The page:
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UK Scientist: IPCC Reform Could Make It Even More Political

A major overhaul of how the UN advises the world on climate change could lead to more mistakes on the impacts of global warming, an Oxford academic has warned.

In a damning report out earlier this week, The Intergovernmental Panel on Climate Change (IPCC) was criticised for making a number of errors about the potential impacts of global warming. The most notable mistake was wrongly predicting that the Himalayan glaciers would melt by 2035.

The IPCC was also told to stick to the science rather than straying into the politics of climate change.

The review, by the InterAcademy Council, called for “fundamental reform”, including a more formal review process.

But a leading British academic said the recommendations are in danger of making the situation worse by imposing so much bureaucracy on reviewers they are unable to spend enough time actually assessing the science.

There is also a risk it may lead to top scientists refusing to take part, leaving only Government scientists that are more likely to be influenced by politics.

Dr Myles Allen, Head of the Climate Dynamics Group at the University Of Oxford, said wasting time on red tape could lead to more mistakes.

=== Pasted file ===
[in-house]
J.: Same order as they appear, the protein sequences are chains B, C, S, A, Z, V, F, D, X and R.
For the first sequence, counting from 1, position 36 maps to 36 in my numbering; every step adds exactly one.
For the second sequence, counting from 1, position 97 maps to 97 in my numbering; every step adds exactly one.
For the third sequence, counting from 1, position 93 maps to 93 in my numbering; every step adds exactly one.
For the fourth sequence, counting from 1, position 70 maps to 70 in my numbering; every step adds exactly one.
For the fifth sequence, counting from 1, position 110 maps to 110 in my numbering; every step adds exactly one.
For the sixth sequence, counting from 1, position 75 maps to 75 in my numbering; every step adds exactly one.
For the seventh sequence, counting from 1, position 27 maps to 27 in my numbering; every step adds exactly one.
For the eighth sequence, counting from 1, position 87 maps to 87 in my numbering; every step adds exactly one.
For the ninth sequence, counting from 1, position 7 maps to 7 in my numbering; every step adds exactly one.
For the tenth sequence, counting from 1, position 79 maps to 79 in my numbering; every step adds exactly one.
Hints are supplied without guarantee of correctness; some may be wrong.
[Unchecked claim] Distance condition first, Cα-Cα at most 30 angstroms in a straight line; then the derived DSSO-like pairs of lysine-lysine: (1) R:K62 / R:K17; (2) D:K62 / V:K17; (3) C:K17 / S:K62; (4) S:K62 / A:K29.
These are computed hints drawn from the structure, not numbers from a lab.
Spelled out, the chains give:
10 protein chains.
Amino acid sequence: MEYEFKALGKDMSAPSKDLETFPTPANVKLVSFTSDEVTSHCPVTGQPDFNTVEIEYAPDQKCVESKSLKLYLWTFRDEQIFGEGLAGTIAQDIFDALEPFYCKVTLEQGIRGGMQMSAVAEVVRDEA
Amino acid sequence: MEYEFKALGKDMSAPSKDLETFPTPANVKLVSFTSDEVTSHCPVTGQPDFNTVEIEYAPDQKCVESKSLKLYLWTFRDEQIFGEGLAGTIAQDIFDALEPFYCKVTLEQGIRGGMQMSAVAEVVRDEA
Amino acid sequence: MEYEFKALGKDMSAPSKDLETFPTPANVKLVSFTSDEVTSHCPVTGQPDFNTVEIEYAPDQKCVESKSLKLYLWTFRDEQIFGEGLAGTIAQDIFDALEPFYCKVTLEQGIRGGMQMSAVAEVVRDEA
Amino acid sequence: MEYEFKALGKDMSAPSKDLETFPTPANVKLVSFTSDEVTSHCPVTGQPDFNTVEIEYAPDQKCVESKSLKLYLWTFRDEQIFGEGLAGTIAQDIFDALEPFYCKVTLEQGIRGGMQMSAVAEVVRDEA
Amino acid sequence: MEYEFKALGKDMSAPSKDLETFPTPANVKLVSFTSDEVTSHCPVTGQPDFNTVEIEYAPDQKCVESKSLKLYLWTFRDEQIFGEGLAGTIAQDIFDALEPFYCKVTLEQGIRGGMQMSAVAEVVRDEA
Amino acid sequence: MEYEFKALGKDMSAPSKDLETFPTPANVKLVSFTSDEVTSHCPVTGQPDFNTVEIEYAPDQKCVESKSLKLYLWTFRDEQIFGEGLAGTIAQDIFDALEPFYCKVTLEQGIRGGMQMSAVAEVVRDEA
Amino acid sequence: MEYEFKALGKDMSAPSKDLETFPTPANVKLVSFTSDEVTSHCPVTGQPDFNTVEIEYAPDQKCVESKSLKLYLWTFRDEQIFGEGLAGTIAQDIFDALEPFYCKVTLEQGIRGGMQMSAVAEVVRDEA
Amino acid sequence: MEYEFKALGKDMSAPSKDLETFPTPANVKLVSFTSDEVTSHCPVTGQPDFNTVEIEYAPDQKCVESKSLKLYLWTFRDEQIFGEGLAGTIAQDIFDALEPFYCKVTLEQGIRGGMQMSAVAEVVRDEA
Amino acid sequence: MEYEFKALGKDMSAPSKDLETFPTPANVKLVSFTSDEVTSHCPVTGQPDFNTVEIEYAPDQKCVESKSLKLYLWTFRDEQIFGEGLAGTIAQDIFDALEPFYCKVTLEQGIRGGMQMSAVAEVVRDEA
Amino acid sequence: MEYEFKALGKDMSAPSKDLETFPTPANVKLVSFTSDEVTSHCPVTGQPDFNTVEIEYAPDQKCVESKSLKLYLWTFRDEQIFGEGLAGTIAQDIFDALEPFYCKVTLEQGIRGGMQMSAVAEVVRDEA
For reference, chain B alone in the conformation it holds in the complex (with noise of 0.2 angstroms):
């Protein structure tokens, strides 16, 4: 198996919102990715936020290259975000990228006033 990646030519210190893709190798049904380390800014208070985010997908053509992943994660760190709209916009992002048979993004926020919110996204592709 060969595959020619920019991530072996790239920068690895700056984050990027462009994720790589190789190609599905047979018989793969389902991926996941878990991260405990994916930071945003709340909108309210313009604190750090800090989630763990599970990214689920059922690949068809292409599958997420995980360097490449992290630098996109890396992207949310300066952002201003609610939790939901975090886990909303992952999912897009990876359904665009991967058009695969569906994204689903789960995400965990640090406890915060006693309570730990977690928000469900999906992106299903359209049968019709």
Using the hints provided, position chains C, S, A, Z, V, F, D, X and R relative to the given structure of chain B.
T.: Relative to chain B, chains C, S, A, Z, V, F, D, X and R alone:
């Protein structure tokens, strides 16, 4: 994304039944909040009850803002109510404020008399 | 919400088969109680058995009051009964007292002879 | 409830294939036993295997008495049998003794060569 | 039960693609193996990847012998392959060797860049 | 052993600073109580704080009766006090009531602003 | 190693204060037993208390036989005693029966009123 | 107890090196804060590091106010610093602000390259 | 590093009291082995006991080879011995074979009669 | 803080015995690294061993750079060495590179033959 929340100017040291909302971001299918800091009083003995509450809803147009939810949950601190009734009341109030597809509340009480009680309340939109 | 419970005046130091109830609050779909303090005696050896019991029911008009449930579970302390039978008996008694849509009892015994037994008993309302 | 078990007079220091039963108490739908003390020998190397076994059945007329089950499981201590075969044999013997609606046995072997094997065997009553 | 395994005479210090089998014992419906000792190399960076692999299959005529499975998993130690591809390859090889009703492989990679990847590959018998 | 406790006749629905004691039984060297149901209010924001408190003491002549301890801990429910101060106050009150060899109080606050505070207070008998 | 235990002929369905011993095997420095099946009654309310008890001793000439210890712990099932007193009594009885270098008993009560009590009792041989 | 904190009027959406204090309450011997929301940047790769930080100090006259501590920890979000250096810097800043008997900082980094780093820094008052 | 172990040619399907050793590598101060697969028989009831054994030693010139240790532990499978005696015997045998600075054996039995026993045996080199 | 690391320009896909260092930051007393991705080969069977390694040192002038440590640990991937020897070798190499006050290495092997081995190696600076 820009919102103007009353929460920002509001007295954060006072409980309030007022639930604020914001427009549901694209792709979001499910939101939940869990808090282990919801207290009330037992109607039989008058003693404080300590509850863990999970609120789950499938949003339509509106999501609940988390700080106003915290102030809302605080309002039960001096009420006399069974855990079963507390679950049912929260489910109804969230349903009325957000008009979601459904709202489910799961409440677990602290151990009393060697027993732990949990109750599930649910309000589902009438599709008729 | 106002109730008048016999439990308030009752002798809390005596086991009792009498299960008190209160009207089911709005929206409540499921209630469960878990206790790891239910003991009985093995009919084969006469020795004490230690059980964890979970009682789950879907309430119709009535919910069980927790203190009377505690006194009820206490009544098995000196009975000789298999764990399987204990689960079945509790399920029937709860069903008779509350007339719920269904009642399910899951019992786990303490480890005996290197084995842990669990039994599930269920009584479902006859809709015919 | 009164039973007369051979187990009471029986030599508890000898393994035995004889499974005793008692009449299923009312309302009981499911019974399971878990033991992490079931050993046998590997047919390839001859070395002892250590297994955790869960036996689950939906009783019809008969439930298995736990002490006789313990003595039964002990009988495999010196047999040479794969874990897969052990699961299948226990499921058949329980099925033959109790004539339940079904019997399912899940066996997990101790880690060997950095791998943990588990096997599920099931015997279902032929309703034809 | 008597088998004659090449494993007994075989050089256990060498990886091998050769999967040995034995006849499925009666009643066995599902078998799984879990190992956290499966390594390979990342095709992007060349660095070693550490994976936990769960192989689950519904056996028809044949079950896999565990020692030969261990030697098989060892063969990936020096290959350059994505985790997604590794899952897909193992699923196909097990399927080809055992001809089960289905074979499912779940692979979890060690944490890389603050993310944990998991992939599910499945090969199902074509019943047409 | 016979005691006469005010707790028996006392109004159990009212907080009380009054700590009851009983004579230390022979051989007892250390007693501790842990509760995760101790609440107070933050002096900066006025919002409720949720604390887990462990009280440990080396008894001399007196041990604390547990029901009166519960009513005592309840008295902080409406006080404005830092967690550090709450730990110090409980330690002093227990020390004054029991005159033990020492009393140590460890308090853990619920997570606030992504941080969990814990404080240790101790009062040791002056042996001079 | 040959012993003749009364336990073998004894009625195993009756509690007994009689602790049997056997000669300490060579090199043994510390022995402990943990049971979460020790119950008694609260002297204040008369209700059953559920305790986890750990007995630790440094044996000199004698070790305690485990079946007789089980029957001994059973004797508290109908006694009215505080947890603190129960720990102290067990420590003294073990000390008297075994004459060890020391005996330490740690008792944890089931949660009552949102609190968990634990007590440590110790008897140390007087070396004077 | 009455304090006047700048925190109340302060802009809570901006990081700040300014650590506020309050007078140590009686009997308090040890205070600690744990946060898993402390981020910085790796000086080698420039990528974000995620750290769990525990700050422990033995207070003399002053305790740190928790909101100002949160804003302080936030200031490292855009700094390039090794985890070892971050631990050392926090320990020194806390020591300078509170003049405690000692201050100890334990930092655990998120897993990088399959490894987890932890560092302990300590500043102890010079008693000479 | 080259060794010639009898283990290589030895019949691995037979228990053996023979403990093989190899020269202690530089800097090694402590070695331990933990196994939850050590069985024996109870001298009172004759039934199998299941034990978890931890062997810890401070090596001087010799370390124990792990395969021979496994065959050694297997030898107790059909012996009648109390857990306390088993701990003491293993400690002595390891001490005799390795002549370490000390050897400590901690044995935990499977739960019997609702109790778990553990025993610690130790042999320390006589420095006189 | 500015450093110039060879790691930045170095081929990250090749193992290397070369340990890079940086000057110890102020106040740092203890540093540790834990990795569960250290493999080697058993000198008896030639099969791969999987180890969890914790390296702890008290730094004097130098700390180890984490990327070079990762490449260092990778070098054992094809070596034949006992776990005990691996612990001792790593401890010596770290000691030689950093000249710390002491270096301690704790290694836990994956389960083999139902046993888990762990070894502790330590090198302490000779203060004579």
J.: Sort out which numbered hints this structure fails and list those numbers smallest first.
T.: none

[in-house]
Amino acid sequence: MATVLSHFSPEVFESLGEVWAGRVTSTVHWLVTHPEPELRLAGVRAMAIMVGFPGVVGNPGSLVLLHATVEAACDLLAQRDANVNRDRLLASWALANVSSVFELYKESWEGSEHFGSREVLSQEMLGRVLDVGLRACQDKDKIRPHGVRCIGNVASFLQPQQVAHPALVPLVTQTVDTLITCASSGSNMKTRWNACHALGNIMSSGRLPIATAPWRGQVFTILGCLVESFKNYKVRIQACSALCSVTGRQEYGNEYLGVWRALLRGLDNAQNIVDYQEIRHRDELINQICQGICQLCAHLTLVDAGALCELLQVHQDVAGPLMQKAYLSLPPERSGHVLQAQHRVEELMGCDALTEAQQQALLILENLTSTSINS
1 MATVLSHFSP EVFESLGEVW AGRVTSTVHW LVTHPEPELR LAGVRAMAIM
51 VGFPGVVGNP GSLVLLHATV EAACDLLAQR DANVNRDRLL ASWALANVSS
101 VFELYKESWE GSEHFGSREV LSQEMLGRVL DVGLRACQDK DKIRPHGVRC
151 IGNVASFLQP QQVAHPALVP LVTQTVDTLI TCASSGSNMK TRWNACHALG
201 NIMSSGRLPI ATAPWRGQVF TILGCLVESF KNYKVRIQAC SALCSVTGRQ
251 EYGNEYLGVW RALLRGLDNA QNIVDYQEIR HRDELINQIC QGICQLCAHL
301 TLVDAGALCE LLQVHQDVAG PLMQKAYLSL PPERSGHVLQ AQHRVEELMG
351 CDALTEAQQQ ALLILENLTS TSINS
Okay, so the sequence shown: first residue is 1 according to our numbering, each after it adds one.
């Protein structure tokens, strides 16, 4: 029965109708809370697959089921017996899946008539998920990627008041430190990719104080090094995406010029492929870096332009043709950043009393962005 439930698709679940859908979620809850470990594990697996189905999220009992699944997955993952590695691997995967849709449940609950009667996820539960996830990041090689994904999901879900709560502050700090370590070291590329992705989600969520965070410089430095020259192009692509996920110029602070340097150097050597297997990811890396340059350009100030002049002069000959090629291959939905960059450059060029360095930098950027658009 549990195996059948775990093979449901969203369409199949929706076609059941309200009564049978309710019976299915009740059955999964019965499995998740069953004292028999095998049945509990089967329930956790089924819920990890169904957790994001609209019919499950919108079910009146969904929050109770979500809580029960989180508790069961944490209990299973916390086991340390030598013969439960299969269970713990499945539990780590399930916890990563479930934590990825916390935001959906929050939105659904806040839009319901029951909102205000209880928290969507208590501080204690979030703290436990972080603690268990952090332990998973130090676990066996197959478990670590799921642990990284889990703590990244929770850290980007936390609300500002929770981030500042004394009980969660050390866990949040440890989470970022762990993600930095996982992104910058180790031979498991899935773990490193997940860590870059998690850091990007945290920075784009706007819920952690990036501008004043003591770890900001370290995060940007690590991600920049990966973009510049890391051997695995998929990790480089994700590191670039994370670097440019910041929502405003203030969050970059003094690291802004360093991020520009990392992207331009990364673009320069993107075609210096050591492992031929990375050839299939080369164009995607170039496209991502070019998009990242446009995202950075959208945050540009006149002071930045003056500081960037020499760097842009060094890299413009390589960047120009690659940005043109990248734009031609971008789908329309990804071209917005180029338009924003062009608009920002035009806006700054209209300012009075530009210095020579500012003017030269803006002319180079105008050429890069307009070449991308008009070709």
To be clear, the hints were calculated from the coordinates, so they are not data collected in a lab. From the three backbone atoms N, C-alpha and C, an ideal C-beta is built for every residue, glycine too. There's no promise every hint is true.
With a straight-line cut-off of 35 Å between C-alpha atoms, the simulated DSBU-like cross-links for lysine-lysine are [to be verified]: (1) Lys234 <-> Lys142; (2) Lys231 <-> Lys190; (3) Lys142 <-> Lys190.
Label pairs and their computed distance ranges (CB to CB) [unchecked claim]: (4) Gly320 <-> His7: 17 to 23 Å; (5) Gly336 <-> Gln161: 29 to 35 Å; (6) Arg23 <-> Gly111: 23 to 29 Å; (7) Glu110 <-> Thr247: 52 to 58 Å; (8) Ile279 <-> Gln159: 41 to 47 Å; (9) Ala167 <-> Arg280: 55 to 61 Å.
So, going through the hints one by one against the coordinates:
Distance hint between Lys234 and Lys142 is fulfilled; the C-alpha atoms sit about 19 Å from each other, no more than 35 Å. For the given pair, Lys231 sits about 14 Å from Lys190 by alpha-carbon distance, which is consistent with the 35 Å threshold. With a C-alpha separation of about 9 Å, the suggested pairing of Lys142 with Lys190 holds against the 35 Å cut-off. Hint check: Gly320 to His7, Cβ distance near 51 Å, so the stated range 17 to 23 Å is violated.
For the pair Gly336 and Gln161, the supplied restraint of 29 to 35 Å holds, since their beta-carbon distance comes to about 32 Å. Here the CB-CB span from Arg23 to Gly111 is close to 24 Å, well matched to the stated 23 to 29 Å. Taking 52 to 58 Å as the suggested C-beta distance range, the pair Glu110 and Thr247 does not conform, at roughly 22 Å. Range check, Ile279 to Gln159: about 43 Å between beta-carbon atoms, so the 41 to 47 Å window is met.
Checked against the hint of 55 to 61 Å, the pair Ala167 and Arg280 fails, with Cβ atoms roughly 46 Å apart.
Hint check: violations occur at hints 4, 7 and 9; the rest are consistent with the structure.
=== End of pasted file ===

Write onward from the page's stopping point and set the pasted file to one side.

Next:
He pointed out that all the authors and reviewers are unpaid volunteers.

“They could actually make it worse because the more time scientists are spending on bureaucracy the less time they have to deal with the scientific questions they should be dealing with,” he said.

Dr Allen said there was also a risk that the process could become even more political.

“There is a real danger that the only people that are willing to do it are people put forward by the Government, which will further politicise the thing,” he added.

Dr Allen, who will be a reviewer on the next assessment by the IPCC, said most of the mistakes in the last report were in the chapter on regional climate impacts that was “cobbled together” in a rush.

He said the new report should be cut from 3,000 pages to a few hundred and focus on the science rather than case studies from different countries.

The next meeting of the IPCC in South Korea in October is expected to discuss changes to the management and the review process.

The Department of Energy and Climate Change said more than 70 British scientists will be involved in the 5th Assessment report, due out in 2014, which will influence future climate change policy around the world.

The Daily Telegraph, 1 September 2010